Total Value = NPV + Real Options
After having been introduced by Timothy Luehrman in 1998, real options have had a difficult time catching on with managers. Often managers find options formulas too complex and some CFOs believe the method causes overvaluation of risky projects. This concern can be legitimate, but abandoning real options as a valuation model alltogether is also not the solution, according to Alexander B. van Putten and Ian C. MacMillan (HBR Dec04). They (correctly) state that companies that rely solely on discounted cash flow (DCF) analysis underestimate the value of their projects and may fail to invest enough in uncertain but highly promising opportunities.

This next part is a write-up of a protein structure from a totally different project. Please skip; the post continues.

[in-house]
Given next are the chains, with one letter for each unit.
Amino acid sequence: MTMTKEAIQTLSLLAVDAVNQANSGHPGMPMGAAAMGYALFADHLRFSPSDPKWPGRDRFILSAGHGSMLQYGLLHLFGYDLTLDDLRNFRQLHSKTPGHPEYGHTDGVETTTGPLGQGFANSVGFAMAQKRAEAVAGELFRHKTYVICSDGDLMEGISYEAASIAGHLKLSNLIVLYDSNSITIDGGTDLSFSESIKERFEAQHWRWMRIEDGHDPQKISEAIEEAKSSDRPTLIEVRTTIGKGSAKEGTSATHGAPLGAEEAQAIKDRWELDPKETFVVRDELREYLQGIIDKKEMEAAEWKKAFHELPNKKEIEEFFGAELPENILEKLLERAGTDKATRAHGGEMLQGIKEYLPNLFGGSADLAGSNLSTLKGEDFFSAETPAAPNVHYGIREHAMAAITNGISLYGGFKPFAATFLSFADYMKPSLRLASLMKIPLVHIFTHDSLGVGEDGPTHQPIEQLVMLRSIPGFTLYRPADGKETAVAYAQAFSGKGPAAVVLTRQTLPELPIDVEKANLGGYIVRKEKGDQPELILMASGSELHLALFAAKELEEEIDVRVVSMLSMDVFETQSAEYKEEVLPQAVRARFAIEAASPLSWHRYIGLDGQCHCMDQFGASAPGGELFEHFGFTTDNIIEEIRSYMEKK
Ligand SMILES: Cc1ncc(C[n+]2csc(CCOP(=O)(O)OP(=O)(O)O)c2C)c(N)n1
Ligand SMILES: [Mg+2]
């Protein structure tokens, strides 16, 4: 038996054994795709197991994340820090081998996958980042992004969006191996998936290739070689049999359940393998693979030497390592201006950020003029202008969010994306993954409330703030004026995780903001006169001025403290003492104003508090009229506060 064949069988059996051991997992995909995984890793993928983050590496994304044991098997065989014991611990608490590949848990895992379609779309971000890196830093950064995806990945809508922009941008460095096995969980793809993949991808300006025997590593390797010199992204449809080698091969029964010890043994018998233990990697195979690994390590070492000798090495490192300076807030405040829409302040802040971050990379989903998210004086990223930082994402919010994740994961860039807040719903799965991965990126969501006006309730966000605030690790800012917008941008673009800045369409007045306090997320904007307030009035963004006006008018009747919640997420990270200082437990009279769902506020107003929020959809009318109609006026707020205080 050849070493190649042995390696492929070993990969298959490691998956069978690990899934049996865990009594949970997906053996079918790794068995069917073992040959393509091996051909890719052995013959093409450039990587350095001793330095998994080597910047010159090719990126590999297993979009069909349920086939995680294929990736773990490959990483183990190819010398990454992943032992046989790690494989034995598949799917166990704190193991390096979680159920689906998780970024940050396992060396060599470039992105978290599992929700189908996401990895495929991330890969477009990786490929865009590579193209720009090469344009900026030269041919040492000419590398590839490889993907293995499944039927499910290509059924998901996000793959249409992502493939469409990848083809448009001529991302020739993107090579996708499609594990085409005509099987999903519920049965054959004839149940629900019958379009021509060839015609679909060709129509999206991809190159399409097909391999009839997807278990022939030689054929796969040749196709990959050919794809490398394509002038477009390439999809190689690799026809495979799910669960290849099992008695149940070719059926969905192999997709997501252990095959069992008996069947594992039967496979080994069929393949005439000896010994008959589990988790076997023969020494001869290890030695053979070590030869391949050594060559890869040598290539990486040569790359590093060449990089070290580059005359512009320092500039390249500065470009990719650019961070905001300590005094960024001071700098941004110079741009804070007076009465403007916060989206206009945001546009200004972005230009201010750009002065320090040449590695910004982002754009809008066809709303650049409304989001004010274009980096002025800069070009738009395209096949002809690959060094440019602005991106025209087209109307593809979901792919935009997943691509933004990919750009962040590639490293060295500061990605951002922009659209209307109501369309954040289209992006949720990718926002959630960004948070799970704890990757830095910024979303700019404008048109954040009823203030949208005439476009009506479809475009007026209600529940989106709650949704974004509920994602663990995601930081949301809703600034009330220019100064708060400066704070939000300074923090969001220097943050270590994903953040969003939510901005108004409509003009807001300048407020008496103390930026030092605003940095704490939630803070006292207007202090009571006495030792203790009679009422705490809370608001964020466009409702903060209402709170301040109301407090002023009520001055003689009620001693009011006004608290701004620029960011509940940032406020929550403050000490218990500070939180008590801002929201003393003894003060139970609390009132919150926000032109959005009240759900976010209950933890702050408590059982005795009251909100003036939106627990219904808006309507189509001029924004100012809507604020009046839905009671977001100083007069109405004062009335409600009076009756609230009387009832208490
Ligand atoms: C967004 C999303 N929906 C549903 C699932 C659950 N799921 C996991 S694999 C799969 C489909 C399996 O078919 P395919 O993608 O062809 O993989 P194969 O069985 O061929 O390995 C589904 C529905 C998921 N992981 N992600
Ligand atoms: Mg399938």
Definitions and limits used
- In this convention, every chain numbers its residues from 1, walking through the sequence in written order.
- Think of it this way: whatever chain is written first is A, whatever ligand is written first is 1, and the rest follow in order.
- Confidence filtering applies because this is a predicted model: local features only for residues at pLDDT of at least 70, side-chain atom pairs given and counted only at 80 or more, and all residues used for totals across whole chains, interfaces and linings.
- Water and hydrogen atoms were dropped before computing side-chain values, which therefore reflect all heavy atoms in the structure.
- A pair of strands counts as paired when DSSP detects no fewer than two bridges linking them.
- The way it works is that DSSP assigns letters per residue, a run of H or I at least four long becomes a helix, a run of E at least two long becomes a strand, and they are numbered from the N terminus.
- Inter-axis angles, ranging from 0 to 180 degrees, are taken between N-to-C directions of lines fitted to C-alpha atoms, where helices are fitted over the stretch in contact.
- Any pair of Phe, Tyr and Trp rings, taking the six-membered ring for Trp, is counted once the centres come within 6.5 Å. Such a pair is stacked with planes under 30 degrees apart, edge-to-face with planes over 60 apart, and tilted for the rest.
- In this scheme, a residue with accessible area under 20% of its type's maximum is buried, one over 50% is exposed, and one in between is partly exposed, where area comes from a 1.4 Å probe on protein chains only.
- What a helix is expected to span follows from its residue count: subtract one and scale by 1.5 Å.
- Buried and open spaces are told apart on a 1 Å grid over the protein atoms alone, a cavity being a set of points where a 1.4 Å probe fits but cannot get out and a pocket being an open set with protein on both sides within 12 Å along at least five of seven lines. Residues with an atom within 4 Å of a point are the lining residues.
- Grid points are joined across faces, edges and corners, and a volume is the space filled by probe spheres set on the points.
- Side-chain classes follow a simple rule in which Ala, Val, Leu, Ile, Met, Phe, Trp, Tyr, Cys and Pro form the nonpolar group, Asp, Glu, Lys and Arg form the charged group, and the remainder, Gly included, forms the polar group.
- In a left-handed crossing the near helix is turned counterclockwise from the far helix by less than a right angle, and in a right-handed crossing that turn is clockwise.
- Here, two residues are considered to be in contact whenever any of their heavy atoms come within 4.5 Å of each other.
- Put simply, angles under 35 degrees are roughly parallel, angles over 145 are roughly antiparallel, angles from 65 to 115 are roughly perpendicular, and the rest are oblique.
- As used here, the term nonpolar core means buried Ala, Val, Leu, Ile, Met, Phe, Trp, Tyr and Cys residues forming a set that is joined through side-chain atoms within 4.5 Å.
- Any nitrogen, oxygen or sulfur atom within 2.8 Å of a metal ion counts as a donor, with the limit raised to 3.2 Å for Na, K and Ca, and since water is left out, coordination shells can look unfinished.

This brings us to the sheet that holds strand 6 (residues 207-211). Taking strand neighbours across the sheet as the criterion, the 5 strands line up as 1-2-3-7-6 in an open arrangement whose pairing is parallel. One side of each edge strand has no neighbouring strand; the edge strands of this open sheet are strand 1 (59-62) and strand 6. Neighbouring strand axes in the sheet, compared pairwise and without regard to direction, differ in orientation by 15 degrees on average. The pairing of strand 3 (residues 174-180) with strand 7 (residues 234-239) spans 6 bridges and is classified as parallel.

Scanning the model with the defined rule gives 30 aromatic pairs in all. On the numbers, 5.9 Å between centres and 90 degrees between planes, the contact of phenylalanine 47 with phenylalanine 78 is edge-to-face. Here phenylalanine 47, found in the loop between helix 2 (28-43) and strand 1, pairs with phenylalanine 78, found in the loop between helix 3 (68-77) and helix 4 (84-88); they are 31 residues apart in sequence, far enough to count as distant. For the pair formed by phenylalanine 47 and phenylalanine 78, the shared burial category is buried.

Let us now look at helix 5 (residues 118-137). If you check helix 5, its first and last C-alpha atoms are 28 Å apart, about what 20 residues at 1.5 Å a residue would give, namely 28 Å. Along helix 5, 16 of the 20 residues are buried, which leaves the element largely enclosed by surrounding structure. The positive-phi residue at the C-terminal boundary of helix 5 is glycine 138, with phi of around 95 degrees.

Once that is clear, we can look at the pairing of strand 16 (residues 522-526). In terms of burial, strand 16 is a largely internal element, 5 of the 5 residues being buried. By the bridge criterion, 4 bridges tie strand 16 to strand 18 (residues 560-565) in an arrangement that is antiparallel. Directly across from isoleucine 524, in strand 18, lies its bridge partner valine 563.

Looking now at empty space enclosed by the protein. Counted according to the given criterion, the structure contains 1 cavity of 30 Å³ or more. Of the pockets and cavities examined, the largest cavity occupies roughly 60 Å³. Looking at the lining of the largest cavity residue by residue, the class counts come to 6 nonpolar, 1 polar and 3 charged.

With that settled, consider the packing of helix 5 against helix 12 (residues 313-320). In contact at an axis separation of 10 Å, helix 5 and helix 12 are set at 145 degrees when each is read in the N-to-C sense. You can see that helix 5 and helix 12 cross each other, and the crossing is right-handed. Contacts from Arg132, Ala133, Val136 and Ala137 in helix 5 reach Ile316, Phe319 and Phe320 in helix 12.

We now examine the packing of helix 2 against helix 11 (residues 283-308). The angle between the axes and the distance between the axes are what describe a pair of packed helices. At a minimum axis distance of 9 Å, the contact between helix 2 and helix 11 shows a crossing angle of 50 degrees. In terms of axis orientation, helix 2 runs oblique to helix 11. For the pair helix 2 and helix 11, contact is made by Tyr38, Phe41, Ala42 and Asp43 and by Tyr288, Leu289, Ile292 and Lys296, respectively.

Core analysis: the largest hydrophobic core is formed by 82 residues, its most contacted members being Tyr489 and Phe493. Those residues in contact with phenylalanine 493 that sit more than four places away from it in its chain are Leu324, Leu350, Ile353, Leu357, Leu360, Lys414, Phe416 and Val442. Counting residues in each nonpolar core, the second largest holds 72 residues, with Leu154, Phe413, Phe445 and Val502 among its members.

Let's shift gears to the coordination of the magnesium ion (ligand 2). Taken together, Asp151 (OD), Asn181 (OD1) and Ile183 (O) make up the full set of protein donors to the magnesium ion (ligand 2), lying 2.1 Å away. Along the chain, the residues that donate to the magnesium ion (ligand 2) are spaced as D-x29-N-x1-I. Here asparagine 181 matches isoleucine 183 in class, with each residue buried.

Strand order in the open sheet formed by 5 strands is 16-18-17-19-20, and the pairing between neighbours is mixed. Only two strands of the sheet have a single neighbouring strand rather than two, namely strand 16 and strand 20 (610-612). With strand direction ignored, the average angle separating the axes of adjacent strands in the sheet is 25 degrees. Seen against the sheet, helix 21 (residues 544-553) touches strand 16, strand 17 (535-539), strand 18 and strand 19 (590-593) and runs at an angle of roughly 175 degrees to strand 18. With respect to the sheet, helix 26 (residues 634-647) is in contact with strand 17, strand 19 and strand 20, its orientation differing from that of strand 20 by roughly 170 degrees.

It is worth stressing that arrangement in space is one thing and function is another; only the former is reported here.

Van Putten and MacMillan recommend business valuators and CFOs should not choose one approach over the other. Real Options are not a replacement for DCF analysis, but a project's total value should encompass both NPV and Real Options.
In a Formula:
TPV = NPV + AOV + ABV
Total Project Value = Net Present Value + Adjusted Option Value + Abandonment Value.
Their final advice is certainly also valuable when working with Real Options (as also any investor in financial options will confirm): option valuations only make sense when applied to projects that can AND ARE terminated early at low cost if things don't go well. No valuation method will save a company that does not actually pull out quickly, if a project fails to deliver on its initial promises, and redeploy their talent and capital elsewhere.